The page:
The U.S. government has scheduled the federal execution of 38-year-old Lezmond Mitchell of the Navajo Nation on Aug. 26, despite widespread condemnation.
The Navajo Nation has formally protested the execution on grounds of tribal sovereignty. Family members of Navajo citizens who Mitchell was convicted of killing have demanded a stay. Even the prosecutor who argued for Mitchell’s conviction opposes the federal death penalty. Even in the capitalist press, the decision to go forward with the execution has drawn criticism.
Navajo Nation President Jonathan Nez and Vice President Myron Lizer have called on the U.S. government to halt the execution: “The Navajo Nation and the family of the victims have not changed their position. We strongly hold to our cultural, traditional and religious beliefs that life is sacred.”
Since the 1994 amendment of the Major Crimes Act, federal law prohibits the death penalty for any crimes committed on tribal land unless tribal authorities specifically request it. The flagrant violation of tribal sovereignty by the U.S. in scheduling Mitchell’s execution comes just months after a Supreme Court ruling that roughly half the state of Oklahoma is sovereign Muscogee (Cree) territory, a decision that could potentially affect thousands of incarcerated Indigenous people.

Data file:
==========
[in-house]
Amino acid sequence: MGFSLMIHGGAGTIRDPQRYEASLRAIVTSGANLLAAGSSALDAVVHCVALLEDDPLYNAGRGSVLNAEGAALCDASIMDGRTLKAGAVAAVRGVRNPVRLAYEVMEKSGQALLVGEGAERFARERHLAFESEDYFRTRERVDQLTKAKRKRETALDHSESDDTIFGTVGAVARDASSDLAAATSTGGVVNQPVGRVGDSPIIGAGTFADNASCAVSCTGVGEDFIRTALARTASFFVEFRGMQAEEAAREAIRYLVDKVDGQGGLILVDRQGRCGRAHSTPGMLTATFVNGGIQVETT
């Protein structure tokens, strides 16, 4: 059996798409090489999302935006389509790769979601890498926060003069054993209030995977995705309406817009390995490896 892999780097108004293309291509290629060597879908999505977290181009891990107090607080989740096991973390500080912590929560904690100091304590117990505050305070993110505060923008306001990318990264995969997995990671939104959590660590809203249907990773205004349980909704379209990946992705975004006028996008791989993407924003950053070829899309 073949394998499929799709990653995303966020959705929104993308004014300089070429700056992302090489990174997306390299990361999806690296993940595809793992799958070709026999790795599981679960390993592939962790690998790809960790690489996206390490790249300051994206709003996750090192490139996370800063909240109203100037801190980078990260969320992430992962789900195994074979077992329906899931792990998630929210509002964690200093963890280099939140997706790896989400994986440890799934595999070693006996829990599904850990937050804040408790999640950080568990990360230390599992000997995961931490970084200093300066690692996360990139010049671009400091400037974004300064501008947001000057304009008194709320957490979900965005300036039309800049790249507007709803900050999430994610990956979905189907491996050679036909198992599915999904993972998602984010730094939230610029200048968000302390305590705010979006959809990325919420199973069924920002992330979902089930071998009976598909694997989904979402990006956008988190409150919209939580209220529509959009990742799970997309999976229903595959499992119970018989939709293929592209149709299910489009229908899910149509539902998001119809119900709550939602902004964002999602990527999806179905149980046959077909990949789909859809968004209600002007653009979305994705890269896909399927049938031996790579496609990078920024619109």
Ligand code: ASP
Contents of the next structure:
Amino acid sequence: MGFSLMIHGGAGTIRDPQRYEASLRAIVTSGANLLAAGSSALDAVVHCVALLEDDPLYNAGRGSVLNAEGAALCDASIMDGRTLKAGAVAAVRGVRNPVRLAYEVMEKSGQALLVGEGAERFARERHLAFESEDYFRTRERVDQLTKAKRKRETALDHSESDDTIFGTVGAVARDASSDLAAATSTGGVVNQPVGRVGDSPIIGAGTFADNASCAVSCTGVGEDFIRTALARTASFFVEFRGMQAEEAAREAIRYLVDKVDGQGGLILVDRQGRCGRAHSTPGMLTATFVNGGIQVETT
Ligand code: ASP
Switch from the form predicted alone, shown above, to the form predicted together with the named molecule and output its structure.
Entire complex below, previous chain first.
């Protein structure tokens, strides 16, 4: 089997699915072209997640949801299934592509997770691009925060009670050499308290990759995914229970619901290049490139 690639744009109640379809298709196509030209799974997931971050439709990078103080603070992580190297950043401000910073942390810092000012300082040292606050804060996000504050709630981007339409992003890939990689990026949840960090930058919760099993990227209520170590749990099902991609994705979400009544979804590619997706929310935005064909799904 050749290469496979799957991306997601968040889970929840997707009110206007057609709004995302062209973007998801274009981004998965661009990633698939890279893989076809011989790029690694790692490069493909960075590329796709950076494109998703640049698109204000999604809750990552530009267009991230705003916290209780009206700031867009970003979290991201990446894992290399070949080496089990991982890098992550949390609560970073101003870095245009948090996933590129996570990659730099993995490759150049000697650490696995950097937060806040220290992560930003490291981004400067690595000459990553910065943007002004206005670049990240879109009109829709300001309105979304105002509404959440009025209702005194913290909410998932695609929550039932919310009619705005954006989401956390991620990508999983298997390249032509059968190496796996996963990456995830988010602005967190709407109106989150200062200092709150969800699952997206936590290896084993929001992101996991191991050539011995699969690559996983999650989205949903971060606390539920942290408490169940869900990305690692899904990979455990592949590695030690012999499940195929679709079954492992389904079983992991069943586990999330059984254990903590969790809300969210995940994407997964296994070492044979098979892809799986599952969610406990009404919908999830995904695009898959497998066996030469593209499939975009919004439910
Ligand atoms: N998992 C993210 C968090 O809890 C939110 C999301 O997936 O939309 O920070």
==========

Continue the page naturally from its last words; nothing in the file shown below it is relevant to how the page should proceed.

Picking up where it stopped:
The legal shell game that the U.S. government plays is nothing new. It has been the policy from the beginning of colonization for imperialist authorities in North America to lie and shred virtually every treaty signed with Indigenous people.
The Major Crimes Act, originally passed by Congress in 1885 as part of the Indian Appropriations Act, specifically legalized and institutionalized the execution of Indigenous people by the federal government. In 1865 President Abraham Lincoln ordered the largest mass execution in U.S. history when he authorized the hanging of 38 Dakota (Santee Sioux) men in Minnesota. This brutality stands in sharp historical contrast to the U.S. government’s subsequent lenient treatment of enslavers, Confederate counterrevolutionaries and Klan members during the post-Civil War Reconstruction period.
A new chapter of Indigenous resistance was written a century later. In 1968, the American Indian Movement was formed by incarcerated Indigenous leaders who became organizers in Stillwater Prison outside Minneapolis, Minn. They regarded the imprisonment of Indigenous people as a significant plank in the broader colonial policy of relocation and genocide.
Today Native and Indigenous people in the U.S. are 14 times more likely to be killed by police than their white counterparts. They are incarcerated at a rate 38% higher than the national average. A Center for Disease Control report issued this August found that Native people – at high health risk from poverty and inadequate medical care – contract COVID-19 at triple the rate of white people.
Since the recent lifting of a 17-year moratorium on the federal death penalty, 10 people have been executed by the U.S. government. Five others, along with Mitchell, are scheduled to be legally murdered over the next four months.
Stop the execution of Lezmond Mitchell! Free them all!